“He loves me… He loves me not,” or the Daisy Oracle is a game of pulling petals off a flower, usually a daisy, while intoning the formula that dates back to at least the 15th century as a way of finding out if someone’s love is true. In a fusing of the 21st and the 18th centuries, Christophe Claret takes a page out of the golden age of automata and turns the game into a miniature automaton version that fits into a lady’s wristwatch. Called the Margot, we had a look at it at Baselworld 2014 and its mechanism that “predicts” true love based on the old game of plucking daisies.
The first Christophe Claret complication specifically developed for women, the Margot is the company’s answer to the question of whether the Daisy Oracle is “a game of luck, or a game of love?” Actually, it’s a game of mathematics and a bit of a cheat where love conquers all nine times out of ten. That’s because of Fibonacci numbers; a mathematical progression that flowers and other living things tend to follow. These numbers are mostly odd rather than even, and since common daisies have 55 petals, “He loves me,” will always come up if the flower is whole and plucked properly.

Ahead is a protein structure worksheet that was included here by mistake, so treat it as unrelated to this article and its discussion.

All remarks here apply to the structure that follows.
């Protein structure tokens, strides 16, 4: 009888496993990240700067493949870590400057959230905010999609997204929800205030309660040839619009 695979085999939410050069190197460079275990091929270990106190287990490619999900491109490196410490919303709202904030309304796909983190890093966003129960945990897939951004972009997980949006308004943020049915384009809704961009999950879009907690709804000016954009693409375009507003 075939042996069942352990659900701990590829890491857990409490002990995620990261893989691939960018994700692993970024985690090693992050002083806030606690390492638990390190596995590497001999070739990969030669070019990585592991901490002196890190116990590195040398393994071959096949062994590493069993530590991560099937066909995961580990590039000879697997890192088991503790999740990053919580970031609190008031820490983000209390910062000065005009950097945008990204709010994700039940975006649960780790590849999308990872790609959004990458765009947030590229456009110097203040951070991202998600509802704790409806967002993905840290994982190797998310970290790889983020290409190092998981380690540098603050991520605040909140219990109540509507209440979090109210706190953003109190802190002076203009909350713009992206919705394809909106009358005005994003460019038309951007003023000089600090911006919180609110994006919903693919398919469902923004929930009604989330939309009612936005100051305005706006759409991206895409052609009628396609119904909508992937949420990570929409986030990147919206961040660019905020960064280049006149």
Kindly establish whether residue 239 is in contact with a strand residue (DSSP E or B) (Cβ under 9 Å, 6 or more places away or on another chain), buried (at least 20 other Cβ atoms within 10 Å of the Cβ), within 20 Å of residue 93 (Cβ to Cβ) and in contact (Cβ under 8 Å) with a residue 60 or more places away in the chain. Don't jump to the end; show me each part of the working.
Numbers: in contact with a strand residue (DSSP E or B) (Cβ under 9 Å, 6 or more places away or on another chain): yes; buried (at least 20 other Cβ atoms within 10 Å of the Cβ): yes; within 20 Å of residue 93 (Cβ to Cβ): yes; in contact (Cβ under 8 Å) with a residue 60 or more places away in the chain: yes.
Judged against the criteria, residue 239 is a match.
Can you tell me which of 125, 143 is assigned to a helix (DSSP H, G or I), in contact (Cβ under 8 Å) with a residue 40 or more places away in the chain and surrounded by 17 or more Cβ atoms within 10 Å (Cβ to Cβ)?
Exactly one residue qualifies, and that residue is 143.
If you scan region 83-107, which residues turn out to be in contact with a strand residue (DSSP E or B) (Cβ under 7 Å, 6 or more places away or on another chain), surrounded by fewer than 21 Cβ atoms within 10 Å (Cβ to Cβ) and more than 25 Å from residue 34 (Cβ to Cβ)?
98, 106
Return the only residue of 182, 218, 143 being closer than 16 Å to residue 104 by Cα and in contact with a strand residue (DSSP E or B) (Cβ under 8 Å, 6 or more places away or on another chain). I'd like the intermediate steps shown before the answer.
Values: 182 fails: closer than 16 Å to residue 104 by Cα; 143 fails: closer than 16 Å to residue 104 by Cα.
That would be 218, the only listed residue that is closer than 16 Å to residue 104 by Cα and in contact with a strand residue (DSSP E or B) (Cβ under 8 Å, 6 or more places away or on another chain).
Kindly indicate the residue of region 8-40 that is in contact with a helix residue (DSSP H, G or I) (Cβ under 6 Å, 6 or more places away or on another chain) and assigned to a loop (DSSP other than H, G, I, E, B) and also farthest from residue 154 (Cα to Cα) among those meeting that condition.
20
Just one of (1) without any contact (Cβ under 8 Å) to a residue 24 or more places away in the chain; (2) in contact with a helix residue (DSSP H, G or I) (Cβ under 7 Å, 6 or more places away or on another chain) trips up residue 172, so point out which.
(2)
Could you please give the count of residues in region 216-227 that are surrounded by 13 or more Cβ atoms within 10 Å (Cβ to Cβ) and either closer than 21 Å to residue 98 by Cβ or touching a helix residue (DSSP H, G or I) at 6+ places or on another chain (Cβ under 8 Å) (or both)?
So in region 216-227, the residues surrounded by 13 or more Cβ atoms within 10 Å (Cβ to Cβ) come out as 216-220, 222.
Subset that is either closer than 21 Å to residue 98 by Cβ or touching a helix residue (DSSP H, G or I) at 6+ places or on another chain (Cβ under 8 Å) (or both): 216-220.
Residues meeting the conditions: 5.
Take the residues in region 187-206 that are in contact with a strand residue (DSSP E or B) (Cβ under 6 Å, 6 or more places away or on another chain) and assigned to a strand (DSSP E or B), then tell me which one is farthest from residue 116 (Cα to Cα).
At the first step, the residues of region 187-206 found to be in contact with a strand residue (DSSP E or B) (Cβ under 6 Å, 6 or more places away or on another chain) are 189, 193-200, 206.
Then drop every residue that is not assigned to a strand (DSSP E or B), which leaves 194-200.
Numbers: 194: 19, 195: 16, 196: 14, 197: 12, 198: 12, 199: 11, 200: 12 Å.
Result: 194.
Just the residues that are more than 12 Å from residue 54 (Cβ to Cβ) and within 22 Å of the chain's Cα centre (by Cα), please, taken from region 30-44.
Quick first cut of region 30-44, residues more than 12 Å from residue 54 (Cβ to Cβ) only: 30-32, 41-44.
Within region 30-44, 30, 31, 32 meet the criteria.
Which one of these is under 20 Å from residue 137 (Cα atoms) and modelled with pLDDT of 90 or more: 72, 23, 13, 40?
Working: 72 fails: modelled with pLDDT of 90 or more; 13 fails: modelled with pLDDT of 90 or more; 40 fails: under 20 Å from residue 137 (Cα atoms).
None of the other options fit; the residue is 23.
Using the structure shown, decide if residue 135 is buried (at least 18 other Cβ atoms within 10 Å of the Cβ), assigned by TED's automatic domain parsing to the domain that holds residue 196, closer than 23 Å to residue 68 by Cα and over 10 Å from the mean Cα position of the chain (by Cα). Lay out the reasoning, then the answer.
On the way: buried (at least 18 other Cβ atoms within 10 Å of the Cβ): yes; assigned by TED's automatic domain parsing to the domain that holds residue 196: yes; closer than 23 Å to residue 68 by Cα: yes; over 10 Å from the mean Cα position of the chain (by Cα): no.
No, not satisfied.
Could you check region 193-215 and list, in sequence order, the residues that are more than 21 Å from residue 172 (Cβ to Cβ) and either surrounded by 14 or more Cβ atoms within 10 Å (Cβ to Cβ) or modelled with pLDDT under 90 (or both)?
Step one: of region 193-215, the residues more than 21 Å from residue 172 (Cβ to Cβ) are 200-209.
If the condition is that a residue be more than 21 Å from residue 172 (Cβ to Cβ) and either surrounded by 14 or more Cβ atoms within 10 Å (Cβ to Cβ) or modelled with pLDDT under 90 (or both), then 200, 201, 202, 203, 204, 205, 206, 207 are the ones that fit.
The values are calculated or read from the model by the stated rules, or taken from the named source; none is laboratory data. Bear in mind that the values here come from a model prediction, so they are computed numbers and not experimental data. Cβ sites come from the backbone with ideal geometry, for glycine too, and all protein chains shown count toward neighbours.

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With the Margot, Christophe Claret went for a feminine design decorated with three pear-shaped diamonds at the cardinal points, and a mother-of-pearl disk engraved with snatches of verse by Victor Hugo. Around the bezel are baguette or snow-white diamonds, and even the steel hands are tipped with gold. To soften the profile, the crown is hidden in the reverse of the watch, where there’s a rosette window set with precious stones revealing the automatic winding mechanism for the EMT17 95-jewel movement, water resistant to three atmospheres.
To supposedly find the path of true love, a press of a button takes the place of the pluck of a petal. Press the button at 2 o’clock and one or two of the 12 white, satin-lacquered titanium petals fold away at random by means of a patented movement, while the signature Christophe Claret chime complication, which can be seen in a window complete with ruby-set hammer at 8 o'clock, sounds.
The interesting thing about the Margot is that in the French version of the game, there are more gradations than a yes or no answer, and the Margot reflects this. The French version allows for un peu (a little), beaucoup (a lot), passionnément (passionately), à la folie (madly), and pas du tout (not at all). These are displayed around 6 o’clock. Pressing the stud at 4 o’clock resets the mechanism and the message window reverts to an ellipsis.
The Margot is available in four limited editions based on choice of case and precious stones with a run of 20 pieces each. Unfortunately, the price of true love isn’t cheap at CHF 198,000 (US$223,000) to CHF 278,000 (US$313,000). Source: Christophe ClaretView gallery - 11 images